Over 50 years ago, The Pill revolutionized the lives of women. But as thumbing through any prescription for a hormonal contraceptive (like birth control pills or a vaginal ring) will tell you, there is a risk margin for those planning on being baby-free (at least for the time being).
How *much* risk, you ask? That's largely dependent on your individual biology—but it's also all the more reason you should be taking extra precaution when it comes to choosing your preferred method of birth control by making sure you do your research, consult your doctor, and pay close attention to how your body reacts to a supplement.
But as reports in recent years have shown, even when preventative measures are taken, there is still a lot that can go wrong—from life-threatening blood clots to extreme mood swings. To ensure that you're not putting yourself at high risk, let these cautionary tales be a friendly reminder of how important it is to find the birth control that's right for *you*.
"When I did get the news, I was in shock. I'm 26 years old."
In May, bride-to-be Jordan Ward admitted to her family that she had been experiencing extreme migraines. Ward's fiancé insisted that she go to the hospital. After giving her a CAT scan, doctors learned that she had suffered a stroke, as a large blood clot blocked a patch of veins in her brain.The cause? Her oral contraceptives.
"When I did get the news, I was in shock. I'm 26 years old," she told ABC.
Dr. George Teitelbaum, the medical director of the Providence Neurovascular Center who performed surgery on Ward, revealed that birth control pills can raise the chances of developing dangerous blood clots, especially if a woman smokes, which Ward did.
"It's like an elephant was sitting on my chest all the time."
In summer of 2012, skeleton skater and Olympic hopeful Megan Henry began using a hormonal contraceptive vaginal ring. Weeks after choosing the hormonal birth control, Henry collapsed during training.
"I mean I was struggling, I was struggling to breathe," Henry said. "It's like an elephant was sitting on my chest all the time."
After five doctors couldn't diagnosis the cause, a pulmonologist finally figured it out: there were blood clots in her lungs, which he believed to be caused by her birth control. After X-rays, an ultrasound, and a CAT scan, it was revealed that the clots were life-threatening.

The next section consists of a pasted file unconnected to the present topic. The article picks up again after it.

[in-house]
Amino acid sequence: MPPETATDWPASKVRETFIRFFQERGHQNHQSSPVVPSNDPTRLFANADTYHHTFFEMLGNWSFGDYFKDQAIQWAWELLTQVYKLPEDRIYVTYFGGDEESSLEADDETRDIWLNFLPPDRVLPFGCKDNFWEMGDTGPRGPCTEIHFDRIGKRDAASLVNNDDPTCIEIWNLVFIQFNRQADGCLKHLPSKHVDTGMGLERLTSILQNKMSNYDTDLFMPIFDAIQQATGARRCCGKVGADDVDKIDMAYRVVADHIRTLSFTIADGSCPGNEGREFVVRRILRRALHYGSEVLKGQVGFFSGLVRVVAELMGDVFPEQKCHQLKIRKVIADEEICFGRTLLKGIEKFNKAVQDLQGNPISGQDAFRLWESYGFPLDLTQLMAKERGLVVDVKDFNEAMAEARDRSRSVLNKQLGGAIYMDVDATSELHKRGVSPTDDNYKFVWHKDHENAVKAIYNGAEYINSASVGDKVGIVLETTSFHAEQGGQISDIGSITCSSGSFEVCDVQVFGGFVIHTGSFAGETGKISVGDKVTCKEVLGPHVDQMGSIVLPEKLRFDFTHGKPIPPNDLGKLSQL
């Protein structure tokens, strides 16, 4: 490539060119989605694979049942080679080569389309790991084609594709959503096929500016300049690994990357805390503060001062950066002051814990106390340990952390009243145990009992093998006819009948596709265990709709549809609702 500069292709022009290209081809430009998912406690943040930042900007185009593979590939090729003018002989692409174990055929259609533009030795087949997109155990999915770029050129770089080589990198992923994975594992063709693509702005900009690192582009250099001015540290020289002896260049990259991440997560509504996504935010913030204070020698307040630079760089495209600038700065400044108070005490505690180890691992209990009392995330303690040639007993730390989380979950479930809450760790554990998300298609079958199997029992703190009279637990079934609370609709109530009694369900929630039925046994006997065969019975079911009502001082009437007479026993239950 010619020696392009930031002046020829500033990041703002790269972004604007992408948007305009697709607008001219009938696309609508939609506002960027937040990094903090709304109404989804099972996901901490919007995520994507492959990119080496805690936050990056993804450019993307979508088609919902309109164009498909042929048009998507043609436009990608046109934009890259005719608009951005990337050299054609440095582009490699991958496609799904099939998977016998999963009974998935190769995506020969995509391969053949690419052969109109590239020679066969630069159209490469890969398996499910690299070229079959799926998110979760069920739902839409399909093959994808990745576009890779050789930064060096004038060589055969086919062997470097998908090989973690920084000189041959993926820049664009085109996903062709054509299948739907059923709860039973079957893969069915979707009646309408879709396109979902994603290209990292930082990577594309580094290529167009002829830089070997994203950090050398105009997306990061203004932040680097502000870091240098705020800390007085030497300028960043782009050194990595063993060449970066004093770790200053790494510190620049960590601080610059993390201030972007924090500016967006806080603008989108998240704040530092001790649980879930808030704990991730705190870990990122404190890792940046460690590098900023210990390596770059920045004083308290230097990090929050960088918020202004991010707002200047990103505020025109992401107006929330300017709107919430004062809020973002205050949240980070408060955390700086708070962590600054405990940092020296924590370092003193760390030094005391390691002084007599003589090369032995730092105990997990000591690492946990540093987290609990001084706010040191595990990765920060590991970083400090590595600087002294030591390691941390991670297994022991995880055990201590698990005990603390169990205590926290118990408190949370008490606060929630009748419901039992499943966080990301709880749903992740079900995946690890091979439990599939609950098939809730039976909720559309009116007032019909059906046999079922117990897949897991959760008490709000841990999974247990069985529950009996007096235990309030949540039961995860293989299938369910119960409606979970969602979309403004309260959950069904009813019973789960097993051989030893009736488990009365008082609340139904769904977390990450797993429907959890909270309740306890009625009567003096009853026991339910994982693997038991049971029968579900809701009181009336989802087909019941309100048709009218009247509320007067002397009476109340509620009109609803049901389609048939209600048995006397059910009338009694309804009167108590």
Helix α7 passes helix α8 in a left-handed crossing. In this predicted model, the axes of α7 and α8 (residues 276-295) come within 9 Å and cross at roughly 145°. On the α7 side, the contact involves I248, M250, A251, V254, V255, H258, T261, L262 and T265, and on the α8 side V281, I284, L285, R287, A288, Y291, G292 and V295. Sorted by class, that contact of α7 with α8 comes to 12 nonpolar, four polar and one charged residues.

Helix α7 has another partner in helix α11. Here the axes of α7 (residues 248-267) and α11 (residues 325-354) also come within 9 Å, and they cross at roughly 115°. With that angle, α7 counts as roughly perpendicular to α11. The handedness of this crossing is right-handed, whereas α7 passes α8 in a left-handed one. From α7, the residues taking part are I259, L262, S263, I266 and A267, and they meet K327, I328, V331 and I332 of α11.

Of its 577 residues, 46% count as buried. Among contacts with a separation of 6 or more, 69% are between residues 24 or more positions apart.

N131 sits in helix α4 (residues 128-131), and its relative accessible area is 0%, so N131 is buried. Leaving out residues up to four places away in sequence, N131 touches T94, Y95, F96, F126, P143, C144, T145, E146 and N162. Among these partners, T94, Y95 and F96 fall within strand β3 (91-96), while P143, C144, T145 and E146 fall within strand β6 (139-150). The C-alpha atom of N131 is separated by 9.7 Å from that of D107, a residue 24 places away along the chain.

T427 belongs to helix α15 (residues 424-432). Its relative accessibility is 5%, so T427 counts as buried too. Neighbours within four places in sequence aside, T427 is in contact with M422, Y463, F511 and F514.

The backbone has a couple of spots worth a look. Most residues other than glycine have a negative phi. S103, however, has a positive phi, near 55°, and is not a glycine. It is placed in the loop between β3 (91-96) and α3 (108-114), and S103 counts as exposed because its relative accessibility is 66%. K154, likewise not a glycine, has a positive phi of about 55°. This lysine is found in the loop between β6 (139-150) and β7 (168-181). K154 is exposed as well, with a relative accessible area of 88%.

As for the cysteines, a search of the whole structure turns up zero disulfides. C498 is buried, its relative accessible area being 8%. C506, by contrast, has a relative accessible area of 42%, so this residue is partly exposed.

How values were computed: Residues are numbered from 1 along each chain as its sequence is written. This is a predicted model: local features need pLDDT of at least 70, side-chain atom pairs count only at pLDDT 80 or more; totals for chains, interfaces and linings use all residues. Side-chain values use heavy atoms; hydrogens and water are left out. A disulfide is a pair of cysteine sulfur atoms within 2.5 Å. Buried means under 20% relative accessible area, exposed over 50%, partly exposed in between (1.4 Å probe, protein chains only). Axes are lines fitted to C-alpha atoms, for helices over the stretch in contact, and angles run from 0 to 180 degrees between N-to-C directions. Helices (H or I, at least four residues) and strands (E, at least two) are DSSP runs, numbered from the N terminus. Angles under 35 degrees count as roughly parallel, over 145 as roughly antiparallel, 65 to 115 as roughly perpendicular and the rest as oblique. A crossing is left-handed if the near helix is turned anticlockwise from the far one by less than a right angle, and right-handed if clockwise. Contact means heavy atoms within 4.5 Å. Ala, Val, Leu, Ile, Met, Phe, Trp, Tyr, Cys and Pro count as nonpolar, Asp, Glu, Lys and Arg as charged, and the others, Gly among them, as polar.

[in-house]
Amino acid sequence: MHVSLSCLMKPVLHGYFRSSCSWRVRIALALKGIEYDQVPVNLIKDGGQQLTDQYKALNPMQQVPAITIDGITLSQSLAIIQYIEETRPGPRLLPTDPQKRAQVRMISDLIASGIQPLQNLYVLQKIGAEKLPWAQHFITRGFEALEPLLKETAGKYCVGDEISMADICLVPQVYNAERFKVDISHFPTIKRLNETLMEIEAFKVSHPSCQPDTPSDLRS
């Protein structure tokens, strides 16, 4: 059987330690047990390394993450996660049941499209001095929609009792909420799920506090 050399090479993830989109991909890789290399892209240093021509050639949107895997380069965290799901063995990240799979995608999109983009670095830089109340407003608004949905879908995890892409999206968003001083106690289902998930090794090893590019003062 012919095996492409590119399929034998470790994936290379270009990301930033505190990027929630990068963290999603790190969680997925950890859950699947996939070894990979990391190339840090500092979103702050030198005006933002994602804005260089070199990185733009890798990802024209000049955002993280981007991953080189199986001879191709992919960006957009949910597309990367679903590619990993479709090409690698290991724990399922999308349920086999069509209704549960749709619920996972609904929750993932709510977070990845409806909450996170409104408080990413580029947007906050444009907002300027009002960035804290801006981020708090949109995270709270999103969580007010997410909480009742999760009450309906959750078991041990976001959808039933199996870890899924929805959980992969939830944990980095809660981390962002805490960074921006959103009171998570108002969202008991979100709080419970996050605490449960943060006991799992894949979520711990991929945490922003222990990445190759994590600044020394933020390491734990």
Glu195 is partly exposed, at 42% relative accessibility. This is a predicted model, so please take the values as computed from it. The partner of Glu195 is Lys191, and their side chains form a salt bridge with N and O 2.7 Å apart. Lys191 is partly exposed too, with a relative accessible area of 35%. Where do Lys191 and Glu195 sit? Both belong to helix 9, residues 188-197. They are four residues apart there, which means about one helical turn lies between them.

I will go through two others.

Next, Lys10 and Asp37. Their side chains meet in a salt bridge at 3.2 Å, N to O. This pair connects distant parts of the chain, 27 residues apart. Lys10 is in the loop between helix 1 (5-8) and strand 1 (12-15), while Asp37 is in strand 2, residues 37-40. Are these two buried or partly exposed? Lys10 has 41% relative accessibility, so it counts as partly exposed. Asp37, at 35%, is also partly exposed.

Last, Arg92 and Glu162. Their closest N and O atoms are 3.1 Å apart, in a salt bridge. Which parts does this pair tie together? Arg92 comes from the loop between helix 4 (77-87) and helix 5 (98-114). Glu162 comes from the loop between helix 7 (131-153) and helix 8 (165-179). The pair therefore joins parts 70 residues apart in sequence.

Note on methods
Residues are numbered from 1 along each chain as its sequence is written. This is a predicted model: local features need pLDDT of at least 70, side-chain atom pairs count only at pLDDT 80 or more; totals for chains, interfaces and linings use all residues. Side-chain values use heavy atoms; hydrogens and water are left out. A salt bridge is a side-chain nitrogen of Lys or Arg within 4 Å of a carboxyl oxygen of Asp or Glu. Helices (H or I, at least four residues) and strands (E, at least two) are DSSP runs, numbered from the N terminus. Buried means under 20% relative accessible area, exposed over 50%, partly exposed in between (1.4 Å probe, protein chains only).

During her recovery, Henry had to use a breathing machine and was put on blood thinners. Her doctors advised her not to use hormonal birth control again.
"The ring was like a horcrux in 'Harry Potter.' It took control of me, made me different, made me darker."
In an essay entitled "My Birth Control Gave Me a Mental Breakdown" for xoJane, writer Jessie Lochrie recounts her abrupt mood swings after inserting a vaginal ring contraceptive, which she says she went on after a "five-minute chat" with her college's health services. Within days, she found herself deeply depressed and her preexisting panic attacks grew more and more frequent—to the point they were happening on a near-daily basis. She isolated herself in her apartment for two weeks, completely agoraphobic.
"The comparison I made light-heartedly to friends was that the ring was like a horcrux in Harry Potter," she wrote. "It took control of me, made me different, made me darker."
After being on the ring those two weeks, she removed it and immediately felt like herself again. However, it would still be the catalyst for a metal breakdown (which she discloses had been brewing for years, even before the ring) that lasted about a year.
"They had determined that Erika had no brain activity."
Twenty-four-year-old Erika Langhart had already visited 37 countries by the time she had finished college and bound for law school at Georgetown, but her life ended tragically on Thanksgiving Day 2011 when she suddenly collapsed in her apartment and later died at the hospital. After further examination, the records cited her vaginal ring contraceptive as a risk factor for the multiple pulmonary embolisms she suffered.
"It was, it was a nightmare," her father Rick Langhart told CNN. "They had determined that Erika had no brain activity and that because of her heart attacks they basically told us that she was brain dead and that's it."
"What can only be described as a murderous rage surged through my body."
In an essay for the Daily Mail, writer Jill Foster got candid about the mood swings and uncharacteristic tearful outbursts she believes were caused by the contraceptive pill she had been taking for several months.
Citing one telling example, in which an almost-empty carton of orange juice infuriated her, she explains: "What can only be described as murderous rage surged through my body. I hurled the glass across the kitchen, sending it smashing into tiny pieces against the wall."
Within days of going off the pill, she returned to her normal self and since then has never experienced anything like it.
"I was stunned by how close I had come to dying."
In September of 2009, 26-year-old Christen Childs woke to an aching sore in her leg. Two days later her leg was swollen and hot, causing her to go to the ER immediately. After an ultrasound, Childs learned she had a blood clot in her leg and as the day went on, the clot broke and traveled to her lungs, putting her in the intensive-care unit getting blood thinners injected for six days.
"When the doctor diagnosed me, I started crying," she said. "I was stunned by how close I had come to dying."
Childs didn't have the risks factors associated with blood clots including smoking, being overweight, or a family history of clots. Doctors determined that her vaginal ring contraceptive was likely the cause of her near-death illness.